With the advent of mass production and the new craze for the automobile, franchise opportunities took the next leap forward. Car manufacturers expounded upon what both Isaac Singer and Spaten accomplished, by allowing business owners to sell entire lines of automobiles by licensing the name and purchasing proprietary parts for repairs. To complement this, petroleum companies, such as Chevron and Esso, licensed their names and branding, as well as ensuring a steady supply of gasoline, to filling stations across America. The franchise business model was starting to go through some growing pains, but the biggest stretch was yet to come.
From Milkshakes To Multimillionaire
The history of franchising now visits an enthusiastic man named Ray Kroc. Kroc made his living selling milkshake mixers to restaurants. He believes so much in his gadgets, that he was willing to put his house on the line to increase distribution. One day, he was meeting with Mac and Dick McDonald, who ran a very profitable hamburger stand that used no less than eight of Ray’s milkshake mixers to meet the demands of customers. Ray was so impressed with the streamlined model and the ability for the McDonald brother to supply a seemingly endless line of customers with fast and satisfying meals. Ray Kroc was hit with an idea, as he imagined this business model springing up across the country, able to provide fast meals at low prices to the customers, while keeping overhead low and profits high for business owners. As luck would have it, the McDonald brothers were in the market for a franchising agent, because they were thinking about selling the license to potential franchise owners across the United States. Kroc signed on to become their exclusive franchising agent, and within a few years, Kroc was able to duplicate the success of the original restaurant in the mid west. With the advent of the highway systems, the restaurants became convenient locations for fast food. However, Ray did not see this trend slowing down.
The McDonald brothers were happy with things the way they were, but Ray had visions of a fast food empire. He bought out the McDonald brothers for $2.7 million in the early 1960s, and by 1963, Kroc had over 500 McDonald’s restaurants open throughout the United States. Currently, there are over 34 thousand McDonald’s around the globe, employing over 1.8 million people. Ray realized that by building McDonald’s restaurants near freeway exit ramps and airports, other businesses – such as franchised hotels and stores – would pop up around them, to offer people convenient one-stop shopping and rest experiences for travelers. If you want to know why we associate the “classic” franchise business with burgers and fries, you now have your answer.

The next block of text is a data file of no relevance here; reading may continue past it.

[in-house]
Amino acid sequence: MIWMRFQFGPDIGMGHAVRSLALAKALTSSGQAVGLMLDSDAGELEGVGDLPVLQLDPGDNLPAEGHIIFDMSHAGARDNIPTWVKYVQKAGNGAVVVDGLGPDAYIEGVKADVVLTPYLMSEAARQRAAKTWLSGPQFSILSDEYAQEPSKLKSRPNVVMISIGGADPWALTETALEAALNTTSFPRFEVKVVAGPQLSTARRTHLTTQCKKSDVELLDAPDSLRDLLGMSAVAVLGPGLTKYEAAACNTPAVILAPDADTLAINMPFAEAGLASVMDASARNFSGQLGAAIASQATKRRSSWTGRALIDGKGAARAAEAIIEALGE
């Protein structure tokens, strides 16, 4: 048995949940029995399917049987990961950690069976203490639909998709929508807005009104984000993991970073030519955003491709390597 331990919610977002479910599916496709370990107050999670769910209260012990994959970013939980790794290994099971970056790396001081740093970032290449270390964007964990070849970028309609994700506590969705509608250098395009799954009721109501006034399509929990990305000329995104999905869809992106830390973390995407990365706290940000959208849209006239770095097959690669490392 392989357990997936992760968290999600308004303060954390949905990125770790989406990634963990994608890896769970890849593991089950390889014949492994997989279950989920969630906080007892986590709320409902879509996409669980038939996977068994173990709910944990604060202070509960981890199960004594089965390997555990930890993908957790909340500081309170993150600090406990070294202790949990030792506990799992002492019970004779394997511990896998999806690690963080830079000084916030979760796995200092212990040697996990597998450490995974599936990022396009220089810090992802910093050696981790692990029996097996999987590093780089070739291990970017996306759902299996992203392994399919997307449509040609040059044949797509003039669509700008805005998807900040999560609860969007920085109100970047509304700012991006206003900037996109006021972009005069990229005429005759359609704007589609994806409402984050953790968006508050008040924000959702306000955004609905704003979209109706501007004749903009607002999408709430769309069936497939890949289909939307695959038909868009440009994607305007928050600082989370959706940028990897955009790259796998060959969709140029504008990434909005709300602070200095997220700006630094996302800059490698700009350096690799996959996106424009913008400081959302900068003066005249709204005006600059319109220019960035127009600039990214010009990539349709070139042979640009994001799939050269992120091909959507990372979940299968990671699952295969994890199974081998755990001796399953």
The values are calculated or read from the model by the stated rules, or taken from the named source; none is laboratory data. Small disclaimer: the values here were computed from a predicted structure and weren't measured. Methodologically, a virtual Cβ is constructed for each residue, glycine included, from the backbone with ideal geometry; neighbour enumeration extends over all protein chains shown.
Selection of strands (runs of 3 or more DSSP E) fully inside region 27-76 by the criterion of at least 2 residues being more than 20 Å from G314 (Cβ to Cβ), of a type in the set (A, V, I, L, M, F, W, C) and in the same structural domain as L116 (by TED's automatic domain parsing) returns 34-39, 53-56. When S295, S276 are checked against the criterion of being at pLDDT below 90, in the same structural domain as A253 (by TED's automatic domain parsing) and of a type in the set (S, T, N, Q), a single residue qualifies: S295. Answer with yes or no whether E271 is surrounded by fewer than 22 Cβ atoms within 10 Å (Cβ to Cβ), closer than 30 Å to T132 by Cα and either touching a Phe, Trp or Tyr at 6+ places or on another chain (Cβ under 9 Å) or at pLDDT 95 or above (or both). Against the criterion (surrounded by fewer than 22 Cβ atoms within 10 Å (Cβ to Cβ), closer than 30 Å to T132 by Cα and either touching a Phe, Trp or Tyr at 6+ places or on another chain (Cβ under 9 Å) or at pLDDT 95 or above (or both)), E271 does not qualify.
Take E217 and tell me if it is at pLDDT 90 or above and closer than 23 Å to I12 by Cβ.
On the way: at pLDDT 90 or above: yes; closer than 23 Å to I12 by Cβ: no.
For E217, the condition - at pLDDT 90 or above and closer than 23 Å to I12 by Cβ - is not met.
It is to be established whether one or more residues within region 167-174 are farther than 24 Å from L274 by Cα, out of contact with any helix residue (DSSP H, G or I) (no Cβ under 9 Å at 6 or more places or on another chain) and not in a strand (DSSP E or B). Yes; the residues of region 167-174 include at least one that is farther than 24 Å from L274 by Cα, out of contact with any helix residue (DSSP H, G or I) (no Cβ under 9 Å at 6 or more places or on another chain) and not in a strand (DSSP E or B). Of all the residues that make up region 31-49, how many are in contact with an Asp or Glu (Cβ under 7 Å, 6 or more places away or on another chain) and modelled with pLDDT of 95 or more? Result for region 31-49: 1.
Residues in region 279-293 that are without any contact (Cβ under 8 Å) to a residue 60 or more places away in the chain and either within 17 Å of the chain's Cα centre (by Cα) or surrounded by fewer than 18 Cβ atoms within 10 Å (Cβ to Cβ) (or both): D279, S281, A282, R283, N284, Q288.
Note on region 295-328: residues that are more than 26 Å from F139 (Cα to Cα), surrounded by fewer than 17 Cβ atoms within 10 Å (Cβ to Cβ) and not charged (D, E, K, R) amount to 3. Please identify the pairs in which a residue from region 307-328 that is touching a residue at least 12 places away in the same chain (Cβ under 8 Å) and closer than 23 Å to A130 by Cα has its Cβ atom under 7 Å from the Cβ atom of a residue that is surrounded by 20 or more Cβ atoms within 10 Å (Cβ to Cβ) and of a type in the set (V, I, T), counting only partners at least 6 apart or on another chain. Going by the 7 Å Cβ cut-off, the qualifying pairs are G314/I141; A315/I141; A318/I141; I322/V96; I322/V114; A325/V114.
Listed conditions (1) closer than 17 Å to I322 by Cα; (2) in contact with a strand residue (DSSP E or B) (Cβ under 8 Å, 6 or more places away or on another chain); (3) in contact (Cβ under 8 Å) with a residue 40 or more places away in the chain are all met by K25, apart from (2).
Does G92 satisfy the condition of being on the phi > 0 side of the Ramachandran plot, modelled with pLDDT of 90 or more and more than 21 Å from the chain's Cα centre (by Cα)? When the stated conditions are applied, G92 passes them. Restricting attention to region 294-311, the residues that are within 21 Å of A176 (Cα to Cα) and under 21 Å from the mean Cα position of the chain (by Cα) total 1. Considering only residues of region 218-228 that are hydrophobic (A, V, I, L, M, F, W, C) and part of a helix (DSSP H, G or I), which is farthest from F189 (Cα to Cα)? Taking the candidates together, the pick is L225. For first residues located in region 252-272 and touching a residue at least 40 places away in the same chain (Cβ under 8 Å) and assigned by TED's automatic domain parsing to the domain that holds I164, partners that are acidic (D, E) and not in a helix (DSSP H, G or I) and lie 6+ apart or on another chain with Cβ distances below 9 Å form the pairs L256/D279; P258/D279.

Enter The FTC
As a means of standardizing practices across all franchise opportunities, the Federal Trade Commission came together in 1978 with a list of requirements. All franchisors, by law, had to present all potential franchisees with a Franchise Disclosure Document before any money changes hands. This disclosure document details information on the franchisor, its history, executive officers, any litigation, the specifics of the business model, and a copy of the legally binding agreement. These requirements are done in the name of fairness and transparency between franchisors and franchisees, so that emerging business owners can make informed decisions.
The Current State Of Franchise Opportunities
The franchise business model still remains one of the most prevalent industries in the United States, providing roughly half of the total retail revenue generated in the country. Franchises exist for almost everything imaginable, from the classic fast food on up to luxury resorts, pest control, and even healthcare. For emerging entrepreneurs who like the idea of a “turn key” business model, franchise opportunities are a great fit.
Own A Finance Business Similar To A Franchise
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CCTG trains people in the field of commercial finance. You will learn how to bring business owners and investors together to work out agreements, and take home a healthy profit in the process. When people need funding to launch a franchise of any kind, you will have the knowledge and access to our network of lenders to arrange that financing. Many of our graduates put in fewer hours than most traditional franchise owners, while drawing a larger salary than most full-time franchisees. If you would like to learn more about this exciting opportunity, and finally make your dreams of financial independence a reality, contact The Commercial Capital Training Group today!